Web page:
Santa Claus is the ultimate global logistics worker, magically delivering gifts all over the world in a single night.
The rest of us have to rely on more mundane delivery systems to get gifts under the Christmas tree and into stockings – and this year those systems are under huge pressure.
So if you’re ordering gifts online, how late can you leave it to guarantee they arrive in time?
Our advice is to lock in your orders in the next few days. Anything ordered from late November may not arrive before 2021.
Even if you’re planning on traditional bricks-and-mortar Christmas shopping, do it sooner rather than later. The supply chains that usually keep shops stocked during December could fall behind.
Leave it too late and you may find your most wanted item out of stock.
Delivery services have been under strain for most of 2020 due to the dramatic increase in online shopping driven by the COVID-19 pandemic.
With online sales in September already more than 7% higher than the 2019 Christmas peak, Australia Post is projecting a huge increase in the month prior to Christmas.
Number of online purchases, Australia, 2019-2020
What this means, of course, is many more parcels to deliver – more than eight times the monthly average if 2019 is anything to go by. Delivery services will find it hard - if not impossible - to cope.
As noted by James Thomson, chief strategy officer with US company Buy Box Experts (a service provider to Amazon sellers) the weakest link in the delivery chain is “last-mile delivery capacity”.
With consumers moving so many more shopping dollars online, all of those sites need last-mile delivery through UPS, FedEx, USPS, etc […] While these carriers are building capacity, they likely will not build anywhere near enough, resulting in late shipments and disappointed customers.
If that’s the case in the US, it’s even more true in Australia. In 2019 Australia Post delivered 41.5% of parcels to premises. While it and other postal services (such as the UK’s Royal Mail) hire thousands more casual workers from as early as September to cope with the load, there are still only so many sorting facilities and delivery vehicles.
To these local delivery delays, add delays for goods coming from overseas.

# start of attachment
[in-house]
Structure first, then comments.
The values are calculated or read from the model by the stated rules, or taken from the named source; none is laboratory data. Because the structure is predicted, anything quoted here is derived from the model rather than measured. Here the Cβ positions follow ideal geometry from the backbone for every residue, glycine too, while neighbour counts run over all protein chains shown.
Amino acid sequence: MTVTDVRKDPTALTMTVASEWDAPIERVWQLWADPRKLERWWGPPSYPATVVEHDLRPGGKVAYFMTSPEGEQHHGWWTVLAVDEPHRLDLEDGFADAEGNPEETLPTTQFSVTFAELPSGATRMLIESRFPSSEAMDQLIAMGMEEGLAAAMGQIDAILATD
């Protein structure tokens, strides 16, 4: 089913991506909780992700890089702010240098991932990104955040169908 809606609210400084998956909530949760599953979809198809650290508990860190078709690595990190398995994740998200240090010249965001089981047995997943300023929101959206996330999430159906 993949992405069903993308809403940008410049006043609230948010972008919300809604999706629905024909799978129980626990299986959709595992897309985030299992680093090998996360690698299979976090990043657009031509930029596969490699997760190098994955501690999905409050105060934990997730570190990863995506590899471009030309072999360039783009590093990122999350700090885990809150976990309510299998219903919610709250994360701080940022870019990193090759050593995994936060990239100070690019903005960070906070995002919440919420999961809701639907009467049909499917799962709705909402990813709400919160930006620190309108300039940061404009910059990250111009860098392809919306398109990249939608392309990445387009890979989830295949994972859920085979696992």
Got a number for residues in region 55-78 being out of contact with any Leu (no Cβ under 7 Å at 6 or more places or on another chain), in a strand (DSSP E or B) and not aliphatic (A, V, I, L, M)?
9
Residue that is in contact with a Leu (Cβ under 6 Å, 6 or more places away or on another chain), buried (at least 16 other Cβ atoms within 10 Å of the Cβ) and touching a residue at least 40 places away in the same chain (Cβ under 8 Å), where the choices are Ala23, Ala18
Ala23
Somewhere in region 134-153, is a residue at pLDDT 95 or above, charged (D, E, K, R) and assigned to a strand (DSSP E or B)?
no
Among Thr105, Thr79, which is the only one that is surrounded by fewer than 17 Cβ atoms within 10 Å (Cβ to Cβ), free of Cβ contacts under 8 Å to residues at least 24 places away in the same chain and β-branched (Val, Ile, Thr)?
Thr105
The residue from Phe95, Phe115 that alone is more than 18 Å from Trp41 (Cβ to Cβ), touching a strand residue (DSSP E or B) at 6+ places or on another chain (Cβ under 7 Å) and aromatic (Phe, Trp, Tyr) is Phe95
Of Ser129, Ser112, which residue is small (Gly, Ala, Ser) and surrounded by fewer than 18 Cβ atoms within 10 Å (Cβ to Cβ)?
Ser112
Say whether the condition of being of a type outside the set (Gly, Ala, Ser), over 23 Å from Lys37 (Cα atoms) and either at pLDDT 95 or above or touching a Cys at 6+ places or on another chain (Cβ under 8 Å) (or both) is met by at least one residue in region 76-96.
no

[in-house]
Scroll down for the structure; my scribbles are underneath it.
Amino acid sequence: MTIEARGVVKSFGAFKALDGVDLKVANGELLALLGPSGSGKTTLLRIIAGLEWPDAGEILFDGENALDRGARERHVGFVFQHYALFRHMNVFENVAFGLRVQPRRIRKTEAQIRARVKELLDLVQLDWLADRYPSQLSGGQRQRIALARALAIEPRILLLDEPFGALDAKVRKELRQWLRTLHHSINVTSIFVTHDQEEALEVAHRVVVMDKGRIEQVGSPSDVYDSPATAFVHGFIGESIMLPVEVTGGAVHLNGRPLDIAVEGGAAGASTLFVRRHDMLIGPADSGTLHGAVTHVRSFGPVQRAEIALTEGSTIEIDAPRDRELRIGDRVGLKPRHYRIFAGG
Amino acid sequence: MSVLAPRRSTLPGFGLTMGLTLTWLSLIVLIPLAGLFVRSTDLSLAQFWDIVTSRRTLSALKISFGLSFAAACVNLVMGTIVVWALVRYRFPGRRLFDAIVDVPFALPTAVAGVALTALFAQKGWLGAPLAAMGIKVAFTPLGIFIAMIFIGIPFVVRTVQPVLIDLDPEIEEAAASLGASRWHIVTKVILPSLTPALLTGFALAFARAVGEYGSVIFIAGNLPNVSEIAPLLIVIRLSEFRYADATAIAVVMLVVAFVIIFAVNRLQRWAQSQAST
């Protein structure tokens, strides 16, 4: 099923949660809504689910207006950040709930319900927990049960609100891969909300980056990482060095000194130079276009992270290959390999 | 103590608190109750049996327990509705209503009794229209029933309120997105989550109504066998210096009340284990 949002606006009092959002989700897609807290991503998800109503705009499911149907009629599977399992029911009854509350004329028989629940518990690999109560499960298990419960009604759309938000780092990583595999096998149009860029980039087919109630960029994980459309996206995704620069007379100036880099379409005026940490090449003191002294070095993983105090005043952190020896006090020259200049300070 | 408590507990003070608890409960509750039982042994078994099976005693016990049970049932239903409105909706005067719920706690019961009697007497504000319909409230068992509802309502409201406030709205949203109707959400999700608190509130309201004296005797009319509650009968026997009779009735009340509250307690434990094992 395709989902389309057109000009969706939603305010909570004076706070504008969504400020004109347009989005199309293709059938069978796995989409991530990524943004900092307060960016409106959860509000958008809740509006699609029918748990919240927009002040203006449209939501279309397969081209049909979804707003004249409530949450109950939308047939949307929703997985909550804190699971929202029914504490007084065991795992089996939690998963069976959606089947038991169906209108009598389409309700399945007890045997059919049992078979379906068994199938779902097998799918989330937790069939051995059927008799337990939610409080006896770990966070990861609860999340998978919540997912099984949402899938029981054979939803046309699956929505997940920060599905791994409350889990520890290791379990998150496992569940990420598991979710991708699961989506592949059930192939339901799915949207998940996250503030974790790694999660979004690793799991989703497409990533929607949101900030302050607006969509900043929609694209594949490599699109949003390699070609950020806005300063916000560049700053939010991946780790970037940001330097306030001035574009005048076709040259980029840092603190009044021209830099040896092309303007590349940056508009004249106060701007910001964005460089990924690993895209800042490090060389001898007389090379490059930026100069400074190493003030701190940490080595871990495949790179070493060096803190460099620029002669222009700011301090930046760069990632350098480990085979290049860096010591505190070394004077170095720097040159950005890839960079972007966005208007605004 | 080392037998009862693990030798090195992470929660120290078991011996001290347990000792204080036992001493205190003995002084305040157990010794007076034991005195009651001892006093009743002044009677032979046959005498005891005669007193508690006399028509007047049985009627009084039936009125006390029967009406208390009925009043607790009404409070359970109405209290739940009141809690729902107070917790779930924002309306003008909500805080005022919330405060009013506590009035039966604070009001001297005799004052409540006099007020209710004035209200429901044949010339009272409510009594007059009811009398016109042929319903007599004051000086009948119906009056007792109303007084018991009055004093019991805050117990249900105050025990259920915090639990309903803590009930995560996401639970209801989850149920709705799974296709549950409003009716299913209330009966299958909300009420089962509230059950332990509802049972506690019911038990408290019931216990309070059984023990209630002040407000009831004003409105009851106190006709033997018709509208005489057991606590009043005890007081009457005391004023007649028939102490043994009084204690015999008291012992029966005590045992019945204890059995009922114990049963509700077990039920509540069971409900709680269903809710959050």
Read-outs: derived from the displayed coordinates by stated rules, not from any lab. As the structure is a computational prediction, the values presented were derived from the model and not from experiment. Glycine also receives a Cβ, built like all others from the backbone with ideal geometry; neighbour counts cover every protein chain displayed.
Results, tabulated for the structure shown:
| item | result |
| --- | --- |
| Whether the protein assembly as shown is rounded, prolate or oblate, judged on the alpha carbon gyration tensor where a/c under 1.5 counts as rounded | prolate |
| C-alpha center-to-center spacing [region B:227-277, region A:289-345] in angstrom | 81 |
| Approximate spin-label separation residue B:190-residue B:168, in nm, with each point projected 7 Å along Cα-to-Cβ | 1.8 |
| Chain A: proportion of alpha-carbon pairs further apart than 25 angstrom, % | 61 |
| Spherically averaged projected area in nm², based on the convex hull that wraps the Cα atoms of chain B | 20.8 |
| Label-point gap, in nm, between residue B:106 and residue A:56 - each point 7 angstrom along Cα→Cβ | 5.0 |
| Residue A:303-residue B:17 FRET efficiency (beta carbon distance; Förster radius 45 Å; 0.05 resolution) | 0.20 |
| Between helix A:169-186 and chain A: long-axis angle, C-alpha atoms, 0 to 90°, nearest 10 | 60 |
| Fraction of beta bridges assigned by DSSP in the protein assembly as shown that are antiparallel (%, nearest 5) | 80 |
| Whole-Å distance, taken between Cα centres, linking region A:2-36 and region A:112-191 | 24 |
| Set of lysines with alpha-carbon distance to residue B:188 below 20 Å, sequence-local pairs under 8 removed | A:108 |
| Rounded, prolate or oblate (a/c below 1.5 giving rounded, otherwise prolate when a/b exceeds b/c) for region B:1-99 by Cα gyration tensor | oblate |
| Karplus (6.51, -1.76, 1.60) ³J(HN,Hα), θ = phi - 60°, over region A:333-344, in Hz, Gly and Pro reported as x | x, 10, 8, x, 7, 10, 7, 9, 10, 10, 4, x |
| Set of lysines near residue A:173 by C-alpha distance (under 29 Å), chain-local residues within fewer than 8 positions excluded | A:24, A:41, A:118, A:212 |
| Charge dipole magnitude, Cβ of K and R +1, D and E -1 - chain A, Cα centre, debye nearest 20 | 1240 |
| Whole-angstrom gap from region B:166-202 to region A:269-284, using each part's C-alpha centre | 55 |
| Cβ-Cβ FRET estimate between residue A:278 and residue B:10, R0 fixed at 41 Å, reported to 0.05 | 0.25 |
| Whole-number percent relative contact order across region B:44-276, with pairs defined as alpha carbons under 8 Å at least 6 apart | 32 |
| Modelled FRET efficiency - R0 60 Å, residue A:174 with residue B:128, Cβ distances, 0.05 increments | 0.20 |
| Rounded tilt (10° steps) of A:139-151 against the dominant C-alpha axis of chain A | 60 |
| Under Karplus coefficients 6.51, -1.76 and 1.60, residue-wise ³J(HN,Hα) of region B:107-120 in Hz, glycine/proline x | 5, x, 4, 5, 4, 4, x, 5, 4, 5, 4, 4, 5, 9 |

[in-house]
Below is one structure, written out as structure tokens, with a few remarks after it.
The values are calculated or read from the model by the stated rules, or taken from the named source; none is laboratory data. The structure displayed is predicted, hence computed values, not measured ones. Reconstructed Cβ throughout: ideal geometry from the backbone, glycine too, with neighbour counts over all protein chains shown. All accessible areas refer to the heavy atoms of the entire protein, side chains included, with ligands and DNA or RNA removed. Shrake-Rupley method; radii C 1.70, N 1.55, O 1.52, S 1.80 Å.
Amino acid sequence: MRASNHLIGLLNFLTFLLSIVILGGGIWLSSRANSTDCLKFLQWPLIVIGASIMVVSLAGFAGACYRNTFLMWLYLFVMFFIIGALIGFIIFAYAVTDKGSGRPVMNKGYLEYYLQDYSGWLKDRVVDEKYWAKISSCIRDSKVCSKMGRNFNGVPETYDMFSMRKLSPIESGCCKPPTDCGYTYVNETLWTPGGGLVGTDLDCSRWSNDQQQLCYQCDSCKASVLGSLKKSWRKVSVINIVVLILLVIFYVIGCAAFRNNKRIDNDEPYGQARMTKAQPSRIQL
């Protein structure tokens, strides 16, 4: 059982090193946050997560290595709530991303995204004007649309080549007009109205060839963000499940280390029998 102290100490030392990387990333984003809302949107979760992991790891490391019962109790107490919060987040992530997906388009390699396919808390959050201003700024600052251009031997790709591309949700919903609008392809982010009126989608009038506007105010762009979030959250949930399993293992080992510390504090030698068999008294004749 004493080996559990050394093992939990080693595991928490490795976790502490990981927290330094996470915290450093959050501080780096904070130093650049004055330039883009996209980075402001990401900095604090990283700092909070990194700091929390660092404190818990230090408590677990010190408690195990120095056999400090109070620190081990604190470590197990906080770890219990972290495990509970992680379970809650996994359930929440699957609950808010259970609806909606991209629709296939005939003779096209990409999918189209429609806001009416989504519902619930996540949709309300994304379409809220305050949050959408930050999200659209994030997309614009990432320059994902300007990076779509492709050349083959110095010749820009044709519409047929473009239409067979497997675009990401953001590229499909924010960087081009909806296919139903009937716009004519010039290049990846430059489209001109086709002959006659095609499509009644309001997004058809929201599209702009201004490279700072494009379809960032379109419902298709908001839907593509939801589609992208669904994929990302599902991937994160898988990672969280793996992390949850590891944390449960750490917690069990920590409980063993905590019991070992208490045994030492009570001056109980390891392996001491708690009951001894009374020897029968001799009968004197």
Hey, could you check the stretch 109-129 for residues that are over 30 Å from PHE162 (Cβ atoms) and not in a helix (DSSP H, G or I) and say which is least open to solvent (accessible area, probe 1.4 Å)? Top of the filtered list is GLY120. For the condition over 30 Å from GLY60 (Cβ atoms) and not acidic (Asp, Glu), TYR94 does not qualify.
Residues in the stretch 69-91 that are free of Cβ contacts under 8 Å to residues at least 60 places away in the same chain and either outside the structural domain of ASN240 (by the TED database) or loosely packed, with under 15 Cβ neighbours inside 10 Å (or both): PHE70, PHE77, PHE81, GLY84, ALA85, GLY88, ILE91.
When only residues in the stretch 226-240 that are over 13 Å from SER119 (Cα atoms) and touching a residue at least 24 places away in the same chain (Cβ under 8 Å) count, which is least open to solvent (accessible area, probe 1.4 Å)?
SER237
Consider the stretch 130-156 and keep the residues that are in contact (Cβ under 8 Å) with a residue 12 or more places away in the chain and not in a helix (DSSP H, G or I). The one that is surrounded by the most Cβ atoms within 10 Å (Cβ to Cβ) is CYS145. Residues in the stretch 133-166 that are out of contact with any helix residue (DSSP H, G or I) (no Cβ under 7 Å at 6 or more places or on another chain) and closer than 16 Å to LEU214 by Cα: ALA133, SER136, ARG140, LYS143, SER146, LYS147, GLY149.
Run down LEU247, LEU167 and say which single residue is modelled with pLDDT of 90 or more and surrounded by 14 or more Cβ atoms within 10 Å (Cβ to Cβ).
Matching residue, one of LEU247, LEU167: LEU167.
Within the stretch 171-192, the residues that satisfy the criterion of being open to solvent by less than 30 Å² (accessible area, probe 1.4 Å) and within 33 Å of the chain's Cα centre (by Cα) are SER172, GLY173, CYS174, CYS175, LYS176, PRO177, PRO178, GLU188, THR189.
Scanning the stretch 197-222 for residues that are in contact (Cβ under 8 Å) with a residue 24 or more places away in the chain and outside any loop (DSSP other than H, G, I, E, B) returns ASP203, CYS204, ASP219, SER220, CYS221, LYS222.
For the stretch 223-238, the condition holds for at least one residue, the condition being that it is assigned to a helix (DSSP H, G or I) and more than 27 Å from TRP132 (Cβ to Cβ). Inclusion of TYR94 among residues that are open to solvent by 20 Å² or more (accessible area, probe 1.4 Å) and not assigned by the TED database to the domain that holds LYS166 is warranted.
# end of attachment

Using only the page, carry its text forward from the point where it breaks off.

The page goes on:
Many regions are experiencing renewed COVID-19 restrictions, reducing manufacturing and distribution capacities. These disruptions, going back over the whole year, will mean shortages.
Also, many items “shipped” from places such as China have historically come by air – not just in dedicated cargo planes but also commercial passenger planes. Prior to the COVID-19 pandemic half of all air cargo was transported in passenger planes. The International Civil Aviation Organisation estimates passenger aircraft “belly cargo capacity” has fallen 80%.
While freighter capacity has increased, as of late October global air cargo capacity was still 20% lower than a year ago.
December is usually the busiest period for air travel, with these extra passenger flights helping to deliver higher cargo volumes. That’s not going to be the case this year. So expect any deliveries relying on air transport to take longer.
Currently Australia Post advises allowing for more than 25 days for international deliveries.
These stresses on international supply chains will also affect stocks in local retail shops.
Even in the best of times supply chains are pushed to their limits towards the end of the year. If they are not healthy to start with, Christmas can be the last straw. Inventory for products as different as bicycles, video games and dumbbells are already way down.
The signs are there – out-of-stock messages, caveats on expected dispatch times, and long delays in promised delivery times.
So you want the full Christmas experience with a tree full of presents, order or buy now to avoid disappointment.
This is not a year to procrastinate, or wait until the last moment to get the best deal. In 2020 first come will be first served.
Flavio Romero Macau is affiliated with the Australasian Supply Chain Institute (ASCI).
Reza Kiani Mavi is affiliated with the Australian Institute of Project management.
Read the full article here.
This content was originally published by The Conversation. Original publishers retain all rights. It appears here for a limited time before automated archiving. By The Conversation